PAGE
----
Thirty-Four - Ira

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The man sitting directly across the table from me toyed with his stacks of chips, his forehead shining under the warm lights in the poker room. Dressed in a fancy velvet hoodie that was only zipped up to his stomach, the thirty-something-year-old man let out a sigh and flicked the final chips onto the table in front of him, raising the bet.

He really shouldn't have, but his beer gave him confidence.

There were five of us left in the game – the oldest guy had folded in the third round. I'd watched his wrinkled face throughout the night and wondered why he was even here. His actions screamed better safe than sorry, and he never raised the pot. He reminded me of Stuart Neville when we played poker in Mexico. I was surprised that the man was still watching and hadn't gone to bed.

The player diagonally across from me, an overdressed woman with glittering earrings, put her chips on the table without thinking. She didn't catch me making my pupils bigger to see through her cards at the start of the game. These cards had dense black patterns on the back, and the amount of light I had to let in to see everyone's hand hurt my head. Glitter caught me blinking and rubbing the sting out of my eyes and gave me a smile, her teeth stained a little with her dark lipstick. She knew she had a good chance in the showdown with two tens that could get her three of a kind, and she'd been calculating her odds all evening. Glitter was intelligent, I could see. I was just luckier.

I'd become a bit of a regular here; some of the dealers already knew me by my alias. Even though I saw through everyone's cards every time, I won some and lost some. Not every hand was great, and if I was having a lucky day, I made sure to change up the game a little. If Dell Island had taught me anything, it was to be more aware and more calculating. I couldn't risk being blacklisted and being known for all the wrong reasons again.

I tossed the chips on the table. Called. Velvet Hoodie showed his hand. Then the others, all cards I saw from the beginning. A small smile crossed my lips as I flipped my two cards. A king-high flush.

Glitter glared at me. She ran a manicured hand through her short black hair to hide her disappointment. I ignored her and raised my chrome watch to see that it was coming up to four in the morning. Home time.

Not bad, Eva Jason, I thought to myself as the chips were swept to me. Not bad.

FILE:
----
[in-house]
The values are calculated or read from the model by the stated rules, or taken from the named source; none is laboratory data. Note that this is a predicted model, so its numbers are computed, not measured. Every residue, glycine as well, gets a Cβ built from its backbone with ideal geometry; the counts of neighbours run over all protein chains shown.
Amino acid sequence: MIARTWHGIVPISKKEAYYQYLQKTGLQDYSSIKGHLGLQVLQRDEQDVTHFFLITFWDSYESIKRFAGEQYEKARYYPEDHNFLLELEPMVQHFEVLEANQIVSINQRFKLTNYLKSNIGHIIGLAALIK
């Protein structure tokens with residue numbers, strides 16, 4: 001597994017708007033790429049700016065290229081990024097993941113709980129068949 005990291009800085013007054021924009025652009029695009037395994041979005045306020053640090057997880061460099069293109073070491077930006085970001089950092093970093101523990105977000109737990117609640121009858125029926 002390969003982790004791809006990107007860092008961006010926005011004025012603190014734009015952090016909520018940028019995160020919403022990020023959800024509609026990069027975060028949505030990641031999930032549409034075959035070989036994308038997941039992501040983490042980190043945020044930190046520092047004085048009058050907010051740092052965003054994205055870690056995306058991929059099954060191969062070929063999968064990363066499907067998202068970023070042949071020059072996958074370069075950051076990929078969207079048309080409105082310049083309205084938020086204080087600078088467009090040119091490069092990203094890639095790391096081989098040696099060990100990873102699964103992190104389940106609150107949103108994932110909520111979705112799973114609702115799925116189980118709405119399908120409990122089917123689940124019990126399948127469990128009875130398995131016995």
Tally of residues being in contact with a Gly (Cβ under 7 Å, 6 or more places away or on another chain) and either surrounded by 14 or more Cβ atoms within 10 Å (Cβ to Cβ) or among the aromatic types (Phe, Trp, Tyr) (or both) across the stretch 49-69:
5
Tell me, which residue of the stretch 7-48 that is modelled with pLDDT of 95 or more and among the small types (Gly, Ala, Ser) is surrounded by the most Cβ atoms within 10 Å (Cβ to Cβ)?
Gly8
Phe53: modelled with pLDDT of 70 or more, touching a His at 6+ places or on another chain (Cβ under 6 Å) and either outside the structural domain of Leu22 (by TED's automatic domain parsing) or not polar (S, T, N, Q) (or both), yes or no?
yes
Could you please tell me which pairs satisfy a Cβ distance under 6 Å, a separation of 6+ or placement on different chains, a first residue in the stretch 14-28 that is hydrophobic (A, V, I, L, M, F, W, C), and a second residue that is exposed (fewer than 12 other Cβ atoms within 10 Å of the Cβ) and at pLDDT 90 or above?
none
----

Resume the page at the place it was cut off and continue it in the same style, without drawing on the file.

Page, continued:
I grinned at the case full of cash sitting in the trunk of my car. "Welcome home," I said, before lifting it out and striding to the foyer of the apartment building. My black coat flapped in the wind that gushed through the Manhattan streets. As much as I preferred a walk upstairs, I took the lift just to be safe. I got home, flicked on the small ceiling light, and locked up my new income at 4:20 am. Ironically, I was more awake than ever.

Walking to the balcony, I stared at the city through the thick glass doors. The light in the living room gave me a faint reflection, and I examined myself with the urban lights as a backdrop. Since Dell Island, since Mexico, I'd grown my hair down to my elbows. I was finally able to dress the way I wanted to with the life I'd built for myself – clean, business-like, but generally unremarkable in case Doctor A would have eyes looking out for me on the other side of the sea.

When we were in Mexico, Linkin was quite confident that whoever ran Dell Island wouldn't come after us, but the possibility never left my mind. Although I was free from them now, I could never be truly free. When I got enough money, I would get to the bottom of everything. Make them pay for the lives they took, the nightmares that followed me.

Then, I would be free.

"Eva?" The groggy voice made me wipe the hardened expression from my face. Nate Silveira, my flatmate for four months, squinted at me from the middle of the living room in his green pajamas. I had this place to myself for a while and I was going out of my mind. I'd picked him to share the apartment with me out of all my potential flatmates because his positivity reminded me of Jaysen. Nothing else matched – his brown hair was a few shades darker, his face was innocently oval, and he didn't have one piercing on him. "You just got back?"

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